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Things can't get any better, can they?
Edge #174, April 2007
Back when I used to write an occasionally games-related thing called Digitiser, we would regularly receive letters accusing us of bias toward one console or another. Every single day we'd be accused of hating one console or other in favour of all the other systems. I never quite understood why, because we were equally unpleasant about each of the main formats, and equally pleasant at times too.
Usually, every console has at least something going for it (for the purposes of this argument we shall forget the CD-32, the Jaguar, et al), and plenty of reasons to hate it as well.
I'm well aware that, of late, I've had quite a bee in my buzzer about the PlayStation 3. In several of these columns I've been disparaging about Sony's console. Frankly, Sony hasn't helped its cause, what with the hilarious: 'Oh! But we thought of it before them!' motion-sensitive controller, the hilarious fake fan-blogs (the marketing equivalent of a Tory MP human beatboxing in front of underprivileged teenage drug addicts), and press releases claiming that the Sixaxis has won awards when it hasn't. And then there's THAT price point, which is just asking for a knee to the throat.
However, any anti-PlayStation 3 'bias' is through reason and circumstance rather than any sort of irrational format bias. If you really thought about it, you'd come to the same conclusions as myself. Unless you're an idiot.
The truth is (even putting Sony's recent, jaw-dropping PR incompetence aside) the PS3 has simply arrived 18 months too late. The stark bottom line is that I just don't see it offering me anything I can't get elsewhere. There's an important note of distinction between the Xbox 360 and the PS3, and that note is as follows: there really isn't that much of a distinction between the two of them. The 360 may be a year older than the PS3, but its software is already a generation ahead. The games look and play pretty much the same on both machines.
We're at a point now where games hardware is so powerful it's like the difference between travelling at 450,000 mph and 490,000 mph; when your hair is being blown back into its follicles are those 40,000 mph going to matter?
I've most likely mentioned before that - like those Victorian saps who thought their lungs would explode if they travelled faster than 30mph - I really thought graphics had peaked with the 3DO. Actually, to be fair to myself, what I actually asked at the time was whether graphics needed to get any better. I can vividly recall playing the 3DO version of Road Rash, and pondering whether graphics had reached a point where incremental improvements in visuals had stopped contributing to the gameplay.
I may have been a generation or so too early in my ponderings, but I once again think that it has been a long time since graphics technology has genuinely enhanced gameplay. I'm not talking about whether games - as a whole - are improved by better graphics, but whether new graphics technologies can also provide new types of gameplay, as well as more efficient rendering of female games characters' breasts.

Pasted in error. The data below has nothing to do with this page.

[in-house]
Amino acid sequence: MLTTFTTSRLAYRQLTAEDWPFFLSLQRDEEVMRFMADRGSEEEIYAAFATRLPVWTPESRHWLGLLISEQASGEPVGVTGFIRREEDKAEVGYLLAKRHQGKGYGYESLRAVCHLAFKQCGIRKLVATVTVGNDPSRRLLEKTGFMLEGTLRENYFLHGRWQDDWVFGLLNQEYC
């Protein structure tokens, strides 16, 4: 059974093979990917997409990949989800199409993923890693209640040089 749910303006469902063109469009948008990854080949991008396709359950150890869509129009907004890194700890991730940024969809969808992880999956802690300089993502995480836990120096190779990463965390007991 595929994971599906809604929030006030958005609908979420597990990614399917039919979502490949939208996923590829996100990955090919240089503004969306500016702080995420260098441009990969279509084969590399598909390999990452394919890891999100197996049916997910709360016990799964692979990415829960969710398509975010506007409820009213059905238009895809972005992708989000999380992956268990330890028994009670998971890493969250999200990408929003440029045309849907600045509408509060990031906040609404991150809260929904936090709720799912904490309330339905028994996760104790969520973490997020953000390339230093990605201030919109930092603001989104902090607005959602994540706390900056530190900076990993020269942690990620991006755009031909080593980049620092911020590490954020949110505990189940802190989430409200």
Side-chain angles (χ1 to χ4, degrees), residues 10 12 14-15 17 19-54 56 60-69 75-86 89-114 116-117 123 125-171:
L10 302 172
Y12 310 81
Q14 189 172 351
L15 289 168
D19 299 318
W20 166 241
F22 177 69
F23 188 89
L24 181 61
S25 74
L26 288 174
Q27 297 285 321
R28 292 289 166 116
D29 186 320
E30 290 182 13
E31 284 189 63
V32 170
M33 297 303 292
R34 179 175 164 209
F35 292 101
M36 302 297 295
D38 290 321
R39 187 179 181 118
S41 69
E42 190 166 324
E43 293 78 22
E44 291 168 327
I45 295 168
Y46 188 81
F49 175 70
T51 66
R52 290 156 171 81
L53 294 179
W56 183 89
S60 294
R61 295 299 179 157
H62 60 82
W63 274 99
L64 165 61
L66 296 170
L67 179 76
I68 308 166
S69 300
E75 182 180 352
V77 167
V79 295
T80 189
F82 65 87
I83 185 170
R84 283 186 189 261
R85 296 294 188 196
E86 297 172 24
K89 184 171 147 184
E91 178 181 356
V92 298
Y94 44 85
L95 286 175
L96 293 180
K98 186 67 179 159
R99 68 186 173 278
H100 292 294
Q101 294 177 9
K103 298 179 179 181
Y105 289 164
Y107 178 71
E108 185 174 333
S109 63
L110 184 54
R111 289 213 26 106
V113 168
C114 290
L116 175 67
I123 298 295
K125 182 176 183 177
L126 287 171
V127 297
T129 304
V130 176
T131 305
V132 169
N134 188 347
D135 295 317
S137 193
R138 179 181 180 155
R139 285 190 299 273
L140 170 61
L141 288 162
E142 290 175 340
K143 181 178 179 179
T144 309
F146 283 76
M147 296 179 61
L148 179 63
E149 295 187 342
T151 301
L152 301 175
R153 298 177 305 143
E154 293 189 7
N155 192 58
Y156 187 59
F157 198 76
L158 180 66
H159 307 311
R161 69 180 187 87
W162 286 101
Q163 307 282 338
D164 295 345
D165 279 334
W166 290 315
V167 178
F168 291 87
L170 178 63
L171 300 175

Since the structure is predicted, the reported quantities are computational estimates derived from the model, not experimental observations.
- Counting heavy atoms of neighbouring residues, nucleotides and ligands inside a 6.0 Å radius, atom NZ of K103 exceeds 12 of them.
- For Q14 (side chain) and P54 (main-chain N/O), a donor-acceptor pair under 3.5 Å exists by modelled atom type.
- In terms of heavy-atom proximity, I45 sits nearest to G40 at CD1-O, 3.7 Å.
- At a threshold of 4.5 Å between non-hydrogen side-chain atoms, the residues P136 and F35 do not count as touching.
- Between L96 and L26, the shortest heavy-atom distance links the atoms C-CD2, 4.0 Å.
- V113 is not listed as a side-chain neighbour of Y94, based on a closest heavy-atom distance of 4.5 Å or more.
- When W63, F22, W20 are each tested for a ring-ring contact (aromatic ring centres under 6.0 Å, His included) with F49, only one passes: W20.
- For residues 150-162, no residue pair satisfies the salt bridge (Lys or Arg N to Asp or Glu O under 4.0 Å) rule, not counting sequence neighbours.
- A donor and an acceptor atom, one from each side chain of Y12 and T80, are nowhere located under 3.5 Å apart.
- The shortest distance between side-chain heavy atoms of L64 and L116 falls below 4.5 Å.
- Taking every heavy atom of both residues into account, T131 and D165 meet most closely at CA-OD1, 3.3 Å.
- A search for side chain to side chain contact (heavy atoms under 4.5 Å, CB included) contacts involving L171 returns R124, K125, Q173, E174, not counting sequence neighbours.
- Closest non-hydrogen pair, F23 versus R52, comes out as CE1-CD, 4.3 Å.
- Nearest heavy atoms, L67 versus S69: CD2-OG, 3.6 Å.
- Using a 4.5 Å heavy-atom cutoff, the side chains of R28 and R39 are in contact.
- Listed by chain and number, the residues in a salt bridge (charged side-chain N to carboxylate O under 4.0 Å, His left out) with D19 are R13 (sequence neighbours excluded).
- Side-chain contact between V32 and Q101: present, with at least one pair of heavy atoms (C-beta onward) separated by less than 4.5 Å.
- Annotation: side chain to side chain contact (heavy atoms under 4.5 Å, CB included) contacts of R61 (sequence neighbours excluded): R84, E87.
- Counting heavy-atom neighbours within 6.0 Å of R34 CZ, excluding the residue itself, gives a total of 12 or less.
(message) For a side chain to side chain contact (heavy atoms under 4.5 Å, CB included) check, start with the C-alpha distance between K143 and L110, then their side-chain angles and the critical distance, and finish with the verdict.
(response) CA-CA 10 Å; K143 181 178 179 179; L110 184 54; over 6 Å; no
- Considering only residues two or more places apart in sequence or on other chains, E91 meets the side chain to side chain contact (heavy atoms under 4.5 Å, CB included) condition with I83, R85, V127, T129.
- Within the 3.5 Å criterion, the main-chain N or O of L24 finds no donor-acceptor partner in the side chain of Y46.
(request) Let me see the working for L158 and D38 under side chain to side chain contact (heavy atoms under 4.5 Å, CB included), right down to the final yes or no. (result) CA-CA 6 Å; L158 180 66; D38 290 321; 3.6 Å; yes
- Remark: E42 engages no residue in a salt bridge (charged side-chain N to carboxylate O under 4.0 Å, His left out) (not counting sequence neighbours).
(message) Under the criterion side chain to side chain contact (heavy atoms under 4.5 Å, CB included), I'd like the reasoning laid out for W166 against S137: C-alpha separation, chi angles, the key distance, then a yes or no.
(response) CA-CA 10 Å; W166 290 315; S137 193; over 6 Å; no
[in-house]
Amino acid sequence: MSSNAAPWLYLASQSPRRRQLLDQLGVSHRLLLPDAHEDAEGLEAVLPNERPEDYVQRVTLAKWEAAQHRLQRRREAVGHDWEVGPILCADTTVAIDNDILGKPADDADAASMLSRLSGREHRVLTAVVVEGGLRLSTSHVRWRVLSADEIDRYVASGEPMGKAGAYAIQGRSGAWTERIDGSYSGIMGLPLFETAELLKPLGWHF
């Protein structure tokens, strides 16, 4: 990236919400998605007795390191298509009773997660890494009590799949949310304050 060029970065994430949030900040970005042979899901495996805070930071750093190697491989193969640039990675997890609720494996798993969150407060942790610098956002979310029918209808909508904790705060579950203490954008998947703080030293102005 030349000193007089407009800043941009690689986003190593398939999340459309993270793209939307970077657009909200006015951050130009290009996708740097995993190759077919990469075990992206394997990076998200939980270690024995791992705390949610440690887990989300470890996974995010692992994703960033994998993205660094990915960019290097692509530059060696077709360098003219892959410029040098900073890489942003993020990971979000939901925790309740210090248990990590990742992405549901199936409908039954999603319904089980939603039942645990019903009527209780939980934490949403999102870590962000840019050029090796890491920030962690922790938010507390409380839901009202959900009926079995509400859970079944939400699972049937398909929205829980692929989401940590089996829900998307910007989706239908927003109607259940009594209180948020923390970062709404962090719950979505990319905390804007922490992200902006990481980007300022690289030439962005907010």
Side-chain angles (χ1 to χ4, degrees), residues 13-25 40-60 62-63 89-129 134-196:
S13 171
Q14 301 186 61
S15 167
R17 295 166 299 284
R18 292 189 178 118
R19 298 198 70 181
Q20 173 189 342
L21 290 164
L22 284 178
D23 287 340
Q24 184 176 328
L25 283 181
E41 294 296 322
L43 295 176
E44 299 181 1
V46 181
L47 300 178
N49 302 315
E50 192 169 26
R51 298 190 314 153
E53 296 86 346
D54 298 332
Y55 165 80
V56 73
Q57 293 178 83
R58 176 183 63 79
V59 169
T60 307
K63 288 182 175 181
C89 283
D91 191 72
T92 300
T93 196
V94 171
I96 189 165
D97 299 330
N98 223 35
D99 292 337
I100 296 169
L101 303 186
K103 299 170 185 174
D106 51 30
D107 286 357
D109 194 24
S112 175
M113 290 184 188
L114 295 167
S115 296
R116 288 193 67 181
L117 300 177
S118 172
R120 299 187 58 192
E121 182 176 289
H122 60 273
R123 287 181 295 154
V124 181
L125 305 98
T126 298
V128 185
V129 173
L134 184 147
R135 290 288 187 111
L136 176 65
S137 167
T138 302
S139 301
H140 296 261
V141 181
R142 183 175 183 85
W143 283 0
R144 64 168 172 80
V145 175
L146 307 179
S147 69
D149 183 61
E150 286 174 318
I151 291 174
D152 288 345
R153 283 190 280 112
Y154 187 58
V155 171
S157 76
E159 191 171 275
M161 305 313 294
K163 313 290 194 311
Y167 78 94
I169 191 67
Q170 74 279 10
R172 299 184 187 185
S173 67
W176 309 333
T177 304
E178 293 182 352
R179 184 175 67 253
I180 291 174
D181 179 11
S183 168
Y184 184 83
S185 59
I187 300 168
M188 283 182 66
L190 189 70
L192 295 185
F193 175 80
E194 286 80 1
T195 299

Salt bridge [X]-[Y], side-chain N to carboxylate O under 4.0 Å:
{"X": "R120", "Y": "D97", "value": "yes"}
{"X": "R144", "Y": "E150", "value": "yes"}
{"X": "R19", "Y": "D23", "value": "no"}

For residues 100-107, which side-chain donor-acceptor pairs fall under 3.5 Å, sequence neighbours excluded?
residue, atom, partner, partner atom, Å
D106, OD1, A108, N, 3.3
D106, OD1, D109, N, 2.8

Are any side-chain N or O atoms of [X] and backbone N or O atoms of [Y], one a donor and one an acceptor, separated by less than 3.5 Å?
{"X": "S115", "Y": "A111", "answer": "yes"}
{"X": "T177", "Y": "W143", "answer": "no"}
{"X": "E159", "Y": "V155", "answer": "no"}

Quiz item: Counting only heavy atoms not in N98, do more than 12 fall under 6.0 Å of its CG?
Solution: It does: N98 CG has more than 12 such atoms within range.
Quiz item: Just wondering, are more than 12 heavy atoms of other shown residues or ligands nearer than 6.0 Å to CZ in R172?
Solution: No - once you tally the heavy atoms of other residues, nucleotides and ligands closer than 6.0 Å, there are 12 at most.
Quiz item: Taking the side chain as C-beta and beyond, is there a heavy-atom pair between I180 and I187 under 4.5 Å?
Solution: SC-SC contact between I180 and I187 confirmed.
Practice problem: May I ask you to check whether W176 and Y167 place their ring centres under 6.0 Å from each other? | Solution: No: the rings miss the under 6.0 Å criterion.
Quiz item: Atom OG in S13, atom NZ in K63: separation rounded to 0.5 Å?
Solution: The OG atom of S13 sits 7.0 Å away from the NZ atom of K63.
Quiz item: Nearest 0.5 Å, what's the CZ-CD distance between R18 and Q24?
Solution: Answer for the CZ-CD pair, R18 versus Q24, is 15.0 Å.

The most obvious example would be that leap from 2D to 3D. From Super Contra to Wolfenstein, or from Mario World to Mario 64, or Sonic The Hedgehog to Tomb Raider.
You can have better, smoother 3D, with multiple light sources and bump mapping, and you might be able to throw more characters on screen, but I really do think this is it: we have reached the tipping point where graphics can no longer contribute new ideas to games.
It's probably a lot of the reason why Nintendo is now less concerned with the look of its software, and the power inside its consoles, and started thinking in more spatial, real-world terms, about what games can achieve.
I mean, what are the innovations of the PS3? 'True' high-definition visuals? Whoooh! I can barely contain my glee. A Blu-ray player? Yes, because I'm desperate to own a copy of Terminator 3 that looks slightly sharper than the one I already own. A motion-sensitive controller? The classic PlayStation controller was never conceived with motion sensitivity in mind, and if anyone thinks we're going to get motion-sensitive PS3 games which feature the same levels of interactivity and innovation as Wii Sports or WarioWare Touched, then they're the most blinkered zealot in history.
The PlayStation boasts a healthy launch line-up, and it'll play games just fine, but there's no escaping the fact that the games on the PlayStation 3 are either already available on the Xbox 360, or have equivalents which are. Frankly, there is no reason for the PS3 to exist. It's a redundant console. You've got the Wii for your Nintendo exclusives, and your fix of innovation, and the 360 for everything else.
I realise I'm going to have to shut up about the PlayStation soon, for fear of becoming a stuck record. I've actually got nothing against Sony, but a market-leading hardware company hasn't ballsed things up like this since Sega and the 32X. It's human nature to laugh and point when we witness a car crashe Or is that just me?
Mr Biffo co-founded Digitiser, Channel 4's Teletext-based videogames section, and now writes mainly for television
Do you know of any important moments from the annals of Digi history that have been omitted? If so, then mail me (firstname.lastname@example.org) right now, man. Credit will be duly given for anything that gets put up.